From theory to practice – engaging in dialogue in London
I decided to apply for the Leonardo da Vinci programme because I had felt the need for some time to find a practical application for my Bachelor’s degree in history and geography, which is by nature predominantly theoretical. I also wanted to gain some valuable early work experience in another country to improve my English skills while at the same time expanding my horizons.
With this in mind, I contacted the Canton of Ticino office for foreign language and work placements (Lingue e stage all’estero) in summer 2012. Susanna Memoli worked with the LAF agency in the UK to turn my dream into something concrete in just a few months. I opted for a five-month internship in London from January to May 2013 with a focus on multicultural dialogue.
Before my trip, Duncan Cameron from LAF asked me to describe my perfect placement. He then took my response on board and organised a placement with the Dialogue Society, an NGO that aims to advance social cohesion by empowering people to engage in seminars, conferences, courses and publications on the theory and practice of dialogue in order to connect people and communities in different fields.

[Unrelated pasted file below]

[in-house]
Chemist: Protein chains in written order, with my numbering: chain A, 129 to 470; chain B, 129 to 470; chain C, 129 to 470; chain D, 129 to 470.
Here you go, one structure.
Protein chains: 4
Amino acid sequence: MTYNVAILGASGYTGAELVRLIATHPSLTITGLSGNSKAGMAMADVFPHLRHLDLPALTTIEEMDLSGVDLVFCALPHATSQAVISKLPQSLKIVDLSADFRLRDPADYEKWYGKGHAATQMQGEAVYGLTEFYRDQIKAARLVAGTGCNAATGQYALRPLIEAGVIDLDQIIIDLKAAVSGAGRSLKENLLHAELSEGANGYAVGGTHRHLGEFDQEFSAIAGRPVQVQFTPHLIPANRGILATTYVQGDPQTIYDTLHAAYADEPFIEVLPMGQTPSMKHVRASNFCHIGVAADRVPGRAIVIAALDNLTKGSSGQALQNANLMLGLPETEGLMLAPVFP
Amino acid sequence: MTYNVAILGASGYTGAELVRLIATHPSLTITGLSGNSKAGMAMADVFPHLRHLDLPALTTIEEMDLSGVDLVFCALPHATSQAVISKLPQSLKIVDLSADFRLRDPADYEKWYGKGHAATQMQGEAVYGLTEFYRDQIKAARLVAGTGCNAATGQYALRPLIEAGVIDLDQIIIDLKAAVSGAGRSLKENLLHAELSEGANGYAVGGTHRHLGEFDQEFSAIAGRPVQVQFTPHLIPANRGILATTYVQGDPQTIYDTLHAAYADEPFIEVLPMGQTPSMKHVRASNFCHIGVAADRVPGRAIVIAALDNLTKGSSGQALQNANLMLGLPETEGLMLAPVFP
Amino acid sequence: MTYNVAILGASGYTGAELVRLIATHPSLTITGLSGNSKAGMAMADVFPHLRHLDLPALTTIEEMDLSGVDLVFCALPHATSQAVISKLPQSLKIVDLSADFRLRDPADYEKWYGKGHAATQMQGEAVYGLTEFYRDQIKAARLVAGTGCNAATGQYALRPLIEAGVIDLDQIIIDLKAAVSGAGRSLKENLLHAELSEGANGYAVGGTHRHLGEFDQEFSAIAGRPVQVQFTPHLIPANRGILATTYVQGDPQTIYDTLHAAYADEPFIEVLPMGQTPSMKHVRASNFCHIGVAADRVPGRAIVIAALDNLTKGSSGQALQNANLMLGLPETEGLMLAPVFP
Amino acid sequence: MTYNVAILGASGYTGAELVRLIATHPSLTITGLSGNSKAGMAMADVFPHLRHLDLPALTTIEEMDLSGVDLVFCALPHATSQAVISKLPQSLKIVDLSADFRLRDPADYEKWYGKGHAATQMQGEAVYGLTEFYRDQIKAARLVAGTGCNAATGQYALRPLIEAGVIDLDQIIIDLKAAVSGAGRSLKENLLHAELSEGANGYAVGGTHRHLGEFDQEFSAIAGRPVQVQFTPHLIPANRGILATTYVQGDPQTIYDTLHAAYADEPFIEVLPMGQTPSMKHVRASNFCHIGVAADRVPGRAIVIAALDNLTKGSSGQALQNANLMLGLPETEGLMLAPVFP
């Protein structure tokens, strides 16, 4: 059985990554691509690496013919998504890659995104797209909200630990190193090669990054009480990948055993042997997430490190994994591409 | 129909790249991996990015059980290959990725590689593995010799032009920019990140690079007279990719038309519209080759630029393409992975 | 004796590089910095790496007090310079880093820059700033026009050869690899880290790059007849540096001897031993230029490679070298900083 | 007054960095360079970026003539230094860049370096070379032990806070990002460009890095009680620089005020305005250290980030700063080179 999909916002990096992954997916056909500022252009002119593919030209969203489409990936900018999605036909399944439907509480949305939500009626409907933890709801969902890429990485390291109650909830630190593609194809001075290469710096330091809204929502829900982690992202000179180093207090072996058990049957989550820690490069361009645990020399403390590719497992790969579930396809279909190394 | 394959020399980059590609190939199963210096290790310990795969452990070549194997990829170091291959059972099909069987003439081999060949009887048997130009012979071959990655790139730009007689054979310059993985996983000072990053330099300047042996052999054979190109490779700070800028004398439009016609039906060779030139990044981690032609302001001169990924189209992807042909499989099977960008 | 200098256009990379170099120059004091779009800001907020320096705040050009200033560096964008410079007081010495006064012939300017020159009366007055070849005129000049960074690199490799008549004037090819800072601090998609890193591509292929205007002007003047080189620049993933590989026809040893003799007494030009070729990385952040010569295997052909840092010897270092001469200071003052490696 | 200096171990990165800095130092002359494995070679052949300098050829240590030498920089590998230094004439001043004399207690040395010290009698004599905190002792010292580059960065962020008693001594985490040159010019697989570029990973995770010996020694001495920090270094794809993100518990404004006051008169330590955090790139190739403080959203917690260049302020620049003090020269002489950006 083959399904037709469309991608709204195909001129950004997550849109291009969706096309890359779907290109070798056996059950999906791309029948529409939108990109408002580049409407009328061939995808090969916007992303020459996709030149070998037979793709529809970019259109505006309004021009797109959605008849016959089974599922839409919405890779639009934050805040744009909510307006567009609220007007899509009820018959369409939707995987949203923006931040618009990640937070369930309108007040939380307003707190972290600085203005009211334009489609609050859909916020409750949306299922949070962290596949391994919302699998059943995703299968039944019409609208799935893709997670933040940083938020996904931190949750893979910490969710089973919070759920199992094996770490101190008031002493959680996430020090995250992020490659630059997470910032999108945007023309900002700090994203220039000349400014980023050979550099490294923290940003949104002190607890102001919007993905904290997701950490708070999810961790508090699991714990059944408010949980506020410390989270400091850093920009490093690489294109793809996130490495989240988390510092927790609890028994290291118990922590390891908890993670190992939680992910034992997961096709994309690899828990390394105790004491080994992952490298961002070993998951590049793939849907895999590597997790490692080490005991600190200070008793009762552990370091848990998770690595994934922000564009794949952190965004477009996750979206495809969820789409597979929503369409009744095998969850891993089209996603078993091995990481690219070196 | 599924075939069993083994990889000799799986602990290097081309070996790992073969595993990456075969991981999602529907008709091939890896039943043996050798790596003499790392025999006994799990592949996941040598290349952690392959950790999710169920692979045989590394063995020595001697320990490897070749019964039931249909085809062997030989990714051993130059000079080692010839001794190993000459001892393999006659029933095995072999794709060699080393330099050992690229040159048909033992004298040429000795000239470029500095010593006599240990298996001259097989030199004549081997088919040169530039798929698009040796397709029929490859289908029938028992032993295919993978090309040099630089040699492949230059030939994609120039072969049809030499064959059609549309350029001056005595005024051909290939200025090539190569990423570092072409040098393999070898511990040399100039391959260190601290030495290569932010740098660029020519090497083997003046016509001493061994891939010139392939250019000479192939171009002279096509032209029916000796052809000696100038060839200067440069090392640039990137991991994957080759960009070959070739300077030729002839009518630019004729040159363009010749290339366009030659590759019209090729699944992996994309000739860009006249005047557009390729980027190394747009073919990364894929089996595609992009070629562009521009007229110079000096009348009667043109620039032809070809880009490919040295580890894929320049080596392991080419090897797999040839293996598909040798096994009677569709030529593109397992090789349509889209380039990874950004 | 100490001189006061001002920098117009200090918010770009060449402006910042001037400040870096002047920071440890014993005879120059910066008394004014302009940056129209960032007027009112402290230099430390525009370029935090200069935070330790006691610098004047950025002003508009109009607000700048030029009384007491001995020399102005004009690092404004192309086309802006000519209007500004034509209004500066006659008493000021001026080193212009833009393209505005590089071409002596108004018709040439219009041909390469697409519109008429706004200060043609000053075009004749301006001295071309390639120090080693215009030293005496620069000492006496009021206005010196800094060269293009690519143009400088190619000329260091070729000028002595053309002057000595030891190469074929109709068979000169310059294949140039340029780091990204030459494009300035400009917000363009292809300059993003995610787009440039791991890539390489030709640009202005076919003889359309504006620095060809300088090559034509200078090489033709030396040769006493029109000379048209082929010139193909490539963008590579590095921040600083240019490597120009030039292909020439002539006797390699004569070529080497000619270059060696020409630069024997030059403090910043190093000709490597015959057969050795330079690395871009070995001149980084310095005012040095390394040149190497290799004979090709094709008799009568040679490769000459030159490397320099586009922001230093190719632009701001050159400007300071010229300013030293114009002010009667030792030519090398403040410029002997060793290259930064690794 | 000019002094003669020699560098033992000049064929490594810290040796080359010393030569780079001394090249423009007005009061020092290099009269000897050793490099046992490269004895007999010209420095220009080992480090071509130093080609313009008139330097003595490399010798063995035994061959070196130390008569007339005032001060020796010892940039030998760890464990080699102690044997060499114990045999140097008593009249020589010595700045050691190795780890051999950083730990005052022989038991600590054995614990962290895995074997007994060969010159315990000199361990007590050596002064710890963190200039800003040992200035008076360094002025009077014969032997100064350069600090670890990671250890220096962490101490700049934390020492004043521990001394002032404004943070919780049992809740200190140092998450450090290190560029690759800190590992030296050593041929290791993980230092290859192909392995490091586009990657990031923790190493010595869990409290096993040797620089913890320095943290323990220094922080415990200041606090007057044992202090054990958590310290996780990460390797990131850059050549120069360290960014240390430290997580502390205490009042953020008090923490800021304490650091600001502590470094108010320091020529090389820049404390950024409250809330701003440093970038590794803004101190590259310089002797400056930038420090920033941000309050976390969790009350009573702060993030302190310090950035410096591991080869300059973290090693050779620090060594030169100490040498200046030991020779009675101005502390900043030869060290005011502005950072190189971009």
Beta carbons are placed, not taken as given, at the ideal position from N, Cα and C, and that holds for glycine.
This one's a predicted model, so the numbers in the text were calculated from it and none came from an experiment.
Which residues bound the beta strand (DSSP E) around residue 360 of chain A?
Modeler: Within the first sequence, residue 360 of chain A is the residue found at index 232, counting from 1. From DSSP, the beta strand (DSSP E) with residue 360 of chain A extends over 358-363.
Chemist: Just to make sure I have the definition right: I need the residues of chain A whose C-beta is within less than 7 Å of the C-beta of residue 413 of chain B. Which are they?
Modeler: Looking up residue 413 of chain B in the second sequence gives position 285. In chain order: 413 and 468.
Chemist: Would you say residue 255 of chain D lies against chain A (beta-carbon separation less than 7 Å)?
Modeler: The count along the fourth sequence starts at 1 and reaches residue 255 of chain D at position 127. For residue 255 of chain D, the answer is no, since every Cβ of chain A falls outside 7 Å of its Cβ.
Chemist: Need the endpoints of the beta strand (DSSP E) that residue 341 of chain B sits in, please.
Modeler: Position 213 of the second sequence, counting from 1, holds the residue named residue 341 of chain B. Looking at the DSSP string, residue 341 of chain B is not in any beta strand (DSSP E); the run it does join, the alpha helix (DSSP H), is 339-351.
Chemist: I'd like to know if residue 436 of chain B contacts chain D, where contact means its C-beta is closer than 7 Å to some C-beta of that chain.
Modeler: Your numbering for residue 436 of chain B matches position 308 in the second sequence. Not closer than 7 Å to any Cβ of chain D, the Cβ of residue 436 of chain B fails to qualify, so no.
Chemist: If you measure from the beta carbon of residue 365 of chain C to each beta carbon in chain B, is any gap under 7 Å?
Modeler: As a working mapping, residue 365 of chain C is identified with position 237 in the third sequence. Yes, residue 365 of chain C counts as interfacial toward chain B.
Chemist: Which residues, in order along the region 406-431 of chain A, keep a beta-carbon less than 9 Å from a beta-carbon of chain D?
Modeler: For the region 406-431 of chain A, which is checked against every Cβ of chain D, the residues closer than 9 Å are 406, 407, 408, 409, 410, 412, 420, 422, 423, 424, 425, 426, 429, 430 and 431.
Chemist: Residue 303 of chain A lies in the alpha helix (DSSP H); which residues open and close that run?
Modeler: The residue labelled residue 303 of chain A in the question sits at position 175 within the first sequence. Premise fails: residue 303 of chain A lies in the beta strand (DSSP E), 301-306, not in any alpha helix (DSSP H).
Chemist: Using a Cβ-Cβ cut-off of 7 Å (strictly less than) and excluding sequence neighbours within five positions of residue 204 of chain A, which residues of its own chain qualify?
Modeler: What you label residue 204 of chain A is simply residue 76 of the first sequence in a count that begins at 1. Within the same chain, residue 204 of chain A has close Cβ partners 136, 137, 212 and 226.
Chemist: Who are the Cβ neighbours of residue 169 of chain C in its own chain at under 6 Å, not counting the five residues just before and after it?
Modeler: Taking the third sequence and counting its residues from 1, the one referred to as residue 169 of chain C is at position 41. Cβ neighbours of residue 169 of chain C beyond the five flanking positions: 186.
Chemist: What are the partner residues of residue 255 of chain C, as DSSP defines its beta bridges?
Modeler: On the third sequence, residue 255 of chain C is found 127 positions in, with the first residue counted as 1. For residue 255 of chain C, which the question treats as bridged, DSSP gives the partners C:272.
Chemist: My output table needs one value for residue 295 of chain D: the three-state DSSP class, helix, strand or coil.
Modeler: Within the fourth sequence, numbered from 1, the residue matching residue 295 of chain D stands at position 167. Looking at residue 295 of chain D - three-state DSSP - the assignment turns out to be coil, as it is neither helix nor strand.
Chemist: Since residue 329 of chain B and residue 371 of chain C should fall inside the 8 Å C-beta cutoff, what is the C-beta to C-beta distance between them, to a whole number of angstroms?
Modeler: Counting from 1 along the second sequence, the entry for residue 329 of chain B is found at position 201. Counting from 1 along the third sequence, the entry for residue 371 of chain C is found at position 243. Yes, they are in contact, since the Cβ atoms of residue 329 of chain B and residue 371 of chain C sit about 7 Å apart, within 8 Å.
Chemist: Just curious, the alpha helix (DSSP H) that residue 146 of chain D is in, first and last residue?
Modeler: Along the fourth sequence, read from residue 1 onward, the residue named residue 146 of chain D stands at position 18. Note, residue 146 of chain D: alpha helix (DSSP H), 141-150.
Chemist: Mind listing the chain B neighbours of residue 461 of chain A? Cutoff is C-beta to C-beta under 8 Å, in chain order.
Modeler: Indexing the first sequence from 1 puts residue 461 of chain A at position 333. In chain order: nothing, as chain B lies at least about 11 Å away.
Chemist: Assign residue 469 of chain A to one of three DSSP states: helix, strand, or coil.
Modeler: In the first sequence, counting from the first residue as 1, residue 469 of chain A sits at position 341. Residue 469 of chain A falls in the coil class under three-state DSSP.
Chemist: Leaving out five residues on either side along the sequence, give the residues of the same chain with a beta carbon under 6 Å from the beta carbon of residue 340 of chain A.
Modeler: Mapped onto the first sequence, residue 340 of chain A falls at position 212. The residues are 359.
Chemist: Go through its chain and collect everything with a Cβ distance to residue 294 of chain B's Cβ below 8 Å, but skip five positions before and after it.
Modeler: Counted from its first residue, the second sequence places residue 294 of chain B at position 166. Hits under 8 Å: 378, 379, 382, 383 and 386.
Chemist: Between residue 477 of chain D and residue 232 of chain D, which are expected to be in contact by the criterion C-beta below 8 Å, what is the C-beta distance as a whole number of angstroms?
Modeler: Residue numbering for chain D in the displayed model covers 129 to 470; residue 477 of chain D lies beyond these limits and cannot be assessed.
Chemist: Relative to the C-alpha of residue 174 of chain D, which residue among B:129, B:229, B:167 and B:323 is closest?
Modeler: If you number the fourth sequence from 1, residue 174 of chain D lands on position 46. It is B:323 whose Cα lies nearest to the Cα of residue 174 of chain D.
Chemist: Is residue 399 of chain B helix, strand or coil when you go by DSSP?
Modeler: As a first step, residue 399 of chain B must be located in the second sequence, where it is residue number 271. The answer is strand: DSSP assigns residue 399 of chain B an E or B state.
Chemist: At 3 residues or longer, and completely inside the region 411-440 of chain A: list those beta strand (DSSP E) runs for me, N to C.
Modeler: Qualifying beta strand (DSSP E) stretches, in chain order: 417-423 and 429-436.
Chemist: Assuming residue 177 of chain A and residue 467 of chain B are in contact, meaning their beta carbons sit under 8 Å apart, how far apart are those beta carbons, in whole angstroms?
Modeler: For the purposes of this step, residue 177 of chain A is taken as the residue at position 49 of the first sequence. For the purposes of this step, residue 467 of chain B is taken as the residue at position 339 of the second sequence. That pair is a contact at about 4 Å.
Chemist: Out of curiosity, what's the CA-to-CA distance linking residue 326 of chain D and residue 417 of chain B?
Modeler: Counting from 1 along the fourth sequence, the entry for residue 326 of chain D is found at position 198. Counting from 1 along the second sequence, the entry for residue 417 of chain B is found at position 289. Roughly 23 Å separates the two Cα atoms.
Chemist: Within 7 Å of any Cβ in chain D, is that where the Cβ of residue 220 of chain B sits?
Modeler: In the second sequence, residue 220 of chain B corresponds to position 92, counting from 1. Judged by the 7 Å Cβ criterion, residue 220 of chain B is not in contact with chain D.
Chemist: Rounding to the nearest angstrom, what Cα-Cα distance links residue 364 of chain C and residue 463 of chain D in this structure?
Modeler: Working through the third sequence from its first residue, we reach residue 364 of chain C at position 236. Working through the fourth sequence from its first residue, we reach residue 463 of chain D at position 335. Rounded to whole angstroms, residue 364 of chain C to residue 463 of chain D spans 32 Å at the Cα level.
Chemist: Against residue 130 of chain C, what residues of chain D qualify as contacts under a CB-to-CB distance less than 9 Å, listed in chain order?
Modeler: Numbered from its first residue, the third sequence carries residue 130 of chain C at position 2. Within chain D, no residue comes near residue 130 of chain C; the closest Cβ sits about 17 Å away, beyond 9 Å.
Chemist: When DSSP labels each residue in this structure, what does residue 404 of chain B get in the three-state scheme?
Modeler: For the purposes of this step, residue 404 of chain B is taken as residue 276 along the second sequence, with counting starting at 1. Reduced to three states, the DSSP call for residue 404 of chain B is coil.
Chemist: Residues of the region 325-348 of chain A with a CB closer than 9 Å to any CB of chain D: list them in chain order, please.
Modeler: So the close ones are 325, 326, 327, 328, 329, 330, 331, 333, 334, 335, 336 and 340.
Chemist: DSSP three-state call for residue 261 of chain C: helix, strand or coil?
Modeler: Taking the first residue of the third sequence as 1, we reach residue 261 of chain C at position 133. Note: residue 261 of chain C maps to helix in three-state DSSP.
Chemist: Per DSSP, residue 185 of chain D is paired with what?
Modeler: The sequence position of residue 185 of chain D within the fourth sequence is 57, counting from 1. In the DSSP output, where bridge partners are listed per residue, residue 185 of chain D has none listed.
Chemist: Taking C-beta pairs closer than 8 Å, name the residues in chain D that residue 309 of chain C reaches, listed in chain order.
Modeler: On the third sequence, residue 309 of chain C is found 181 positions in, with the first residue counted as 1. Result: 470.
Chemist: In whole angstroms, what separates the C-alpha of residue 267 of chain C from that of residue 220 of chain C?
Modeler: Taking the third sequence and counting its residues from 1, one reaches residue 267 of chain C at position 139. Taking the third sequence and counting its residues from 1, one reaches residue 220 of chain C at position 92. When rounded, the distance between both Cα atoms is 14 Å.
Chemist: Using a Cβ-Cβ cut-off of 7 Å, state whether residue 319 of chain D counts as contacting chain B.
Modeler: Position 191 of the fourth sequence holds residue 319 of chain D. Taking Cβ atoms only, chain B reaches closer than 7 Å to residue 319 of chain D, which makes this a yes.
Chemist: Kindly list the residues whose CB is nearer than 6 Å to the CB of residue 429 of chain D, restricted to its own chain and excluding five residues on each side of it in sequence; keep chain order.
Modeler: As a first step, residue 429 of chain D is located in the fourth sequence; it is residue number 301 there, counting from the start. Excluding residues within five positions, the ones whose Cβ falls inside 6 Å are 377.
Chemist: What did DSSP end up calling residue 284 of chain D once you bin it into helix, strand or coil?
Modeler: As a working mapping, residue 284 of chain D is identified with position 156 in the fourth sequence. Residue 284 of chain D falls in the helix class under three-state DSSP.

My role and experience at the Dialogue Society can be summed up in one word: variety. The range of tasks and responsibilities assigned to me was very broad. I wrote e-mails, answered the phone, managed the organisation’s contact database, authored articles for the website and assisted with events in London, Oxford and Southampton. I was even lucky enough to have some input in planning and interview people who have enjoyed success in a vast spectrum of different projects. One such person was Dee Caffari, who sailed around the world single-handed. In addition to working, I also underwent training. The Dialogue School, a ten-week course organised by the Dialogue Society, helped me to improve my spoken language skills and taught me how to manage projects and contacts. It also got me reading some great thinkers’ theories on dialogue and experimenting with techniques to put these theories into practice.
This experience was both intense and rewarding and enabled me to test my own limits and appreciate my talents. At the same time, I learned how to find constructive, creative solutions to problems in both my work and my private life. Most of all, I gained a better understanding of who I am and which direction I want my life to take.